In the movies, any big surge of water from the oceans -- the result of an underwater earthquake or a crashing asteroid -- is often called a tidal wave. But it’s another case of Hollywood not quite getting things right. A tidal wave is a predictable event. But a giant wave created in a violent event is known as a tsunami.
A tidal wave is produced by the daily tides, which are caused by the gravitational pull of the Moon and Sun. As the tide rolls in and out, it produces a rise and fall in sea level that stretches across thousands of miles.
Tidal waves are most pronounced in narrow bays or in rivers along the coast. As the tide forces its way into these inlets, it can raise the water level by several feet in just a few hours. The highest “tidal waves” are found in the Bay of Fundy, in the Canadian province of New Brunswick, where the water level can rise with the tide by 50 feet.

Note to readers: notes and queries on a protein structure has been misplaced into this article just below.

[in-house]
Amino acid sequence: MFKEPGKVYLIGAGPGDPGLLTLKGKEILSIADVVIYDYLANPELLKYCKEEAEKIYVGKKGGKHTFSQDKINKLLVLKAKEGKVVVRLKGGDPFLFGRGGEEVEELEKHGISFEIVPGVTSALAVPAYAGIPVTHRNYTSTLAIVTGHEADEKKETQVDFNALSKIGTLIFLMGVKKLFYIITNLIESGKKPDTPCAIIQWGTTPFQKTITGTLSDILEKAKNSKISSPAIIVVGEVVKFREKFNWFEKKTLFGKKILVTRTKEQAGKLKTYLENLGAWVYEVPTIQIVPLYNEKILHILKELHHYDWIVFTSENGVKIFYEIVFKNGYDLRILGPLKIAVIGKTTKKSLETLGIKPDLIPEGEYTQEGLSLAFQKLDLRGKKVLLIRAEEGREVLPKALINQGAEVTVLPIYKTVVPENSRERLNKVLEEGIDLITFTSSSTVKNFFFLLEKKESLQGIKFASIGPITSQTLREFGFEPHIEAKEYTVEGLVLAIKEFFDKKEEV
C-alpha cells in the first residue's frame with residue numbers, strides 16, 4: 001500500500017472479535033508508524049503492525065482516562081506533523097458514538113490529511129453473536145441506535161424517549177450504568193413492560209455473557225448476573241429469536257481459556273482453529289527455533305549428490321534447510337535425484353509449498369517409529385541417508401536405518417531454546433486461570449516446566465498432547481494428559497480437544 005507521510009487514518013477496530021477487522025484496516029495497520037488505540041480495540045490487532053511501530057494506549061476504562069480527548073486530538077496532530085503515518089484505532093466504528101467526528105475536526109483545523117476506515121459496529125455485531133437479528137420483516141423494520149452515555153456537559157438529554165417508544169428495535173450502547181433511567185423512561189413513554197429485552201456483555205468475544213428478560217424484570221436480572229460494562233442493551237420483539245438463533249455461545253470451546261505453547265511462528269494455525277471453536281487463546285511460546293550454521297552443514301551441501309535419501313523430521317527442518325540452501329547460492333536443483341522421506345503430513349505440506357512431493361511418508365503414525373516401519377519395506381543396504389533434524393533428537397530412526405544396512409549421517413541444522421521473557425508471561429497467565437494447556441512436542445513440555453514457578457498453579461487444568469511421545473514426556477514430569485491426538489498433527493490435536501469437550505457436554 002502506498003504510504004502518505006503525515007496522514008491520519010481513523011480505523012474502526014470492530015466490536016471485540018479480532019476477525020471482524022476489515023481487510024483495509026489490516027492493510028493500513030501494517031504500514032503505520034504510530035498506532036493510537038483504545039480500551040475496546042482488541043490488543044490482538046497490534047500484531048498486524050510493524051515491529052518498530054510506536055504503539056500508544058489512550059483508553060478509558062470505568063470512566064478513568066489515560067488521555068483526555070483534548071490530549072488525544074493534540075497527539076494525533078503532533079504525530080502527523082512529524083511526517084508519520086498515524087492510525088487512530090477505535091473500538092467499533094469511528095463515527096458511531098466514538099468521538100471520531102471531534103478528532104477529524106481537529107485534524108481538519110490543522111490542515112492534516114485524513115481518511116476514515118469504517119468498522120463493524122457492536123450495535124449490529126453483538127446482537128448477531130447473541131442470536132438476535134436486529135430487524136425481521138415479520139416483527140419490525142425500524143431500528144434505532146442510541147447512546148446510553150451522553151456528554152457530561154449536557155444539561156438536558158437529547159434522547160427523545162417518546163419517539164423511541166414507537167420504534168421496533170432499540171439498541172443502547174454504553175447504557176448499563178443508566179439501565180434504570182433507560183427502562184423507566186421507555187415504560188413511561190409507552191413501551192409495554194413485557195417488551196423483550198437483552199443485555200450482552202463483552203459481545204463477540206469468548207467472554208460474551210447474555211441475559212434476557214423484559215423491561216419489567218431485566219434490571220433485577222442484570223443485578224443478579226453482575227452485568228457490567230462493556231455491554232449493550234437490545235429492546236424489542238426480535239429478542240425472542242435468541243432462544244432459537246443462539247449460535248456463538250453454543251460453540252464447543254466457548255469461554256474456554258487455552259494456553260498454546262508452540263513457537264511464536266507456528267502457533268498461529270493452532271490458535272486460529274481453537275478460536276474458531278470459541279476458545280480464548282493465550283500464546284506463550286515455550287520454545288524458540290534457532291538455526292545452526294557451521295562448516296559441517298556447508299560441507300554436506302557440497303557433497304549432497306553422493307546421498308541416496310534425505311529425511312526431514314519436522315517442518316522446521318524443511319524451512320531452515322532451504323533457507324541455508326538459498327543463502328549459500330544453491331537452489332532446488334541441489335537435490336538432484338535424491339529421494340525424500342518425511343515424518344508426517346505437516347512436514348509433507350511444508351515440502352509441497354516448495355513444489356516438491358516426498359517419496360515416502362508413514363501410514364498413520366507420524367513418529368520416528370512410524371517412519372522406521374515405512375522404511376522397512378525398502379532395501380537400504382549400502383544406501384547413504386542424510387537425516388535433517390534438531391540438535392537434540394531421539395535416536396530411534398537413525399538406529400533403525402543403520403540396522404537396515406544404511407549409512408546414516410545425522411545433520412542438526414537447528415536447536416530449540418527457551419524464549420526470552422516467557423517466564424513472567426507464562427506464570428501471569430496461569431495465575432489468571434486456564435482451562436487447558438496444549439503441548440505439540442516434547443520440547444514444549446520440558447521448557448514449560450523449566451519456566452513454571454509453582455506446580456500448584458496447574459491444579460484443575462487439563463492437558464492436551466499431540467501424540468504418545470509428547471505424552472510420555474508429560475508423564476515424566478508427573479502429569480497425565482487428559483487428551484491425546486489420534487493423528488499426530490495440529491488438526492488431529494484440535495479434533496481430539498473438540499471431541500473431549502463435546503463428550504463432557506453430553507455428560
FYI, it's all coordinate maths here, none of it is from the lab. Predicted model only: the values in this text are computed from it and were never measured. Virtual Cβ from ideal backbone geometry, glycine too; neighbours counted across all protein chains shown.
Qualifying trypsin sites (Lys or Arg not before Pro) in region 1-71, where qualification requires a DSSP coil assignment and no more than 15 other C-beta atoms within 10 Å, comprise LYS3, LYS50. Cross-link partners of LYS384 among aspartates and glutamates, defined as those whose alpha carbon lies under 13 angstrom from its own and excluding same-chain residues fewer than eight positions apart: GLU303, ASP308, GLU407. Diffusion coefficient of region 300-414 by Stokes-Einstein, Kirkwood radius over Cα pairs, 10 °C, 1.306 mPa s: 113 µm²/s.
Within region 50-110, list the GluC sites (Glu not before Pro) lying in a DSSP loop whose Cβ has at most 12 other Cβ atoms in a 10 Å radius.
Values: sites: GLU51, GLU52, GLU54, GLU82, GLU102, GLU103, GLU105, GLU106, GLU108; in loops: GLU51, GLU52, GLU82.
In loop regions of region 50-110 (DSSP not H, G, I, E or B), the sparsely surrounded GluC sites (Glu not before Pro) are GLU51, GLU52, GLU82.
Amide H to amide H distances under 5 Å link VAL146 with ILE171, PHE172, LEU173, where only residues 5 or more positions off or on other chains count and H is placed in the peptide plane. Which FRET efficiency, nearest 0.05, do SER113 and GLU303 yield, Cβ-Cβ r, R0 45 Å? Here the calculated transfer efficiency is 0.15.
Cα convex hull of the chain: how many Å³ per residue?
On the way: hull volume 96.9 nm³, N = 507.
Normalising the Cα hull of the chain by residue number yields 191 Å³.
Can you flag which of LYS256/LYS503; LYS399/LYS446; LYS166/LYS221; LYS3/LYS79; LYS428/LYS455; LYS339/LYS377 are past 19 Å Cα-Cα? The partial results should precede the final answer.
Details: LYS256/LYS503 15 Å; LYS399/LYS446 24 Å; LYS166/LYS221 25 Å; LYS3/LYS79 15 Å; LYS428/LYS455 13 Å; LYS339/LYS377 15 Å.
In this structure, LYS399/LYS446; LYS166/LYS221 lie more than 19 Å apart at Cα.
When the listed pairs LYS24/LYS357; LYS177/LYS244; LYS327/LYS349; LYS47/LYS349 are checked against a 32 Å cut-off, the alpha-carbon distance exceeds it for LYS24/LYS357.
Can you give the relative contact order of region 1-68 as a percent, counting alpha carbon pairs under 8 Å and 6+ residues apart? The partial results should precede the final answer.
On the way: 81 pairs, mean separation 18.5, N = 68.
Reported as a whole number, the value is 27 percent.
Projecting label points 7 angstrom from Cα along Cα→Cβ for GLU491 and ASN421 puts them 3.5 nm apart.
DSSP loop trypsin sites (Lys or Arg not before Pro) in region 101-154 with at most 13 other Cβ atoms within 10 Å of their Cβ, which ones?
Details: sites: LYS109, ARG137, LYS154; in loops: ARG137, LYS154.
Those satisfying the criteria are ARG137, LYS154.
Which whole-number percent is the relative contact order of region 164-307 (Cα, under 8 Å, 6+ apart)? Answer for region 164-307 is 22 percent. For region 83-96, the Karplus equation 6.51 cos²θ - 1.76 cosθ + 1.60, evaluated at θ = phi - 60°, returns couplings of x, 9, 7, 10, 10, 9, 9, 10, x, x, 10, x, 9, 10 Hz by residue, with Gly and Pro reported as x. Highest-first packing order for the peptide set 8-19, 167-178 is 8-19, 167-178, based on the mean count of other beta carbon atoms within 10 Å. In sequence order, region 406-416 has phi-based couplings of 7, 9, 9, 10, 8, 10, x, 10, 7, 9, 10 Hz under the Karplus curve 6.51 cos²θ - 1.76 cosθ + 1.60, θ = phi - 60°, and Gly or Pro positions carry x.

A tsunami, on the other hand, occurs when some event disturbs the ocean. An earthquake, for example, can jiggle or displace the ocean floor, perhaps triggering an underwater landslide. The water above such an event rises or falls, creating a surface wave that can travel at hundreds of miles an hour.
A tsunami wave isn’t necessarily very tall in the open ocean -- a few inches to a few feet different from the level of the ocean around it. But it can be very long, so when it approaches land, the water piles up -- creating devastation like that seen in the Indian Ocean in December of 2004.
Copyright 2007. The University of Texas Marine Science Institute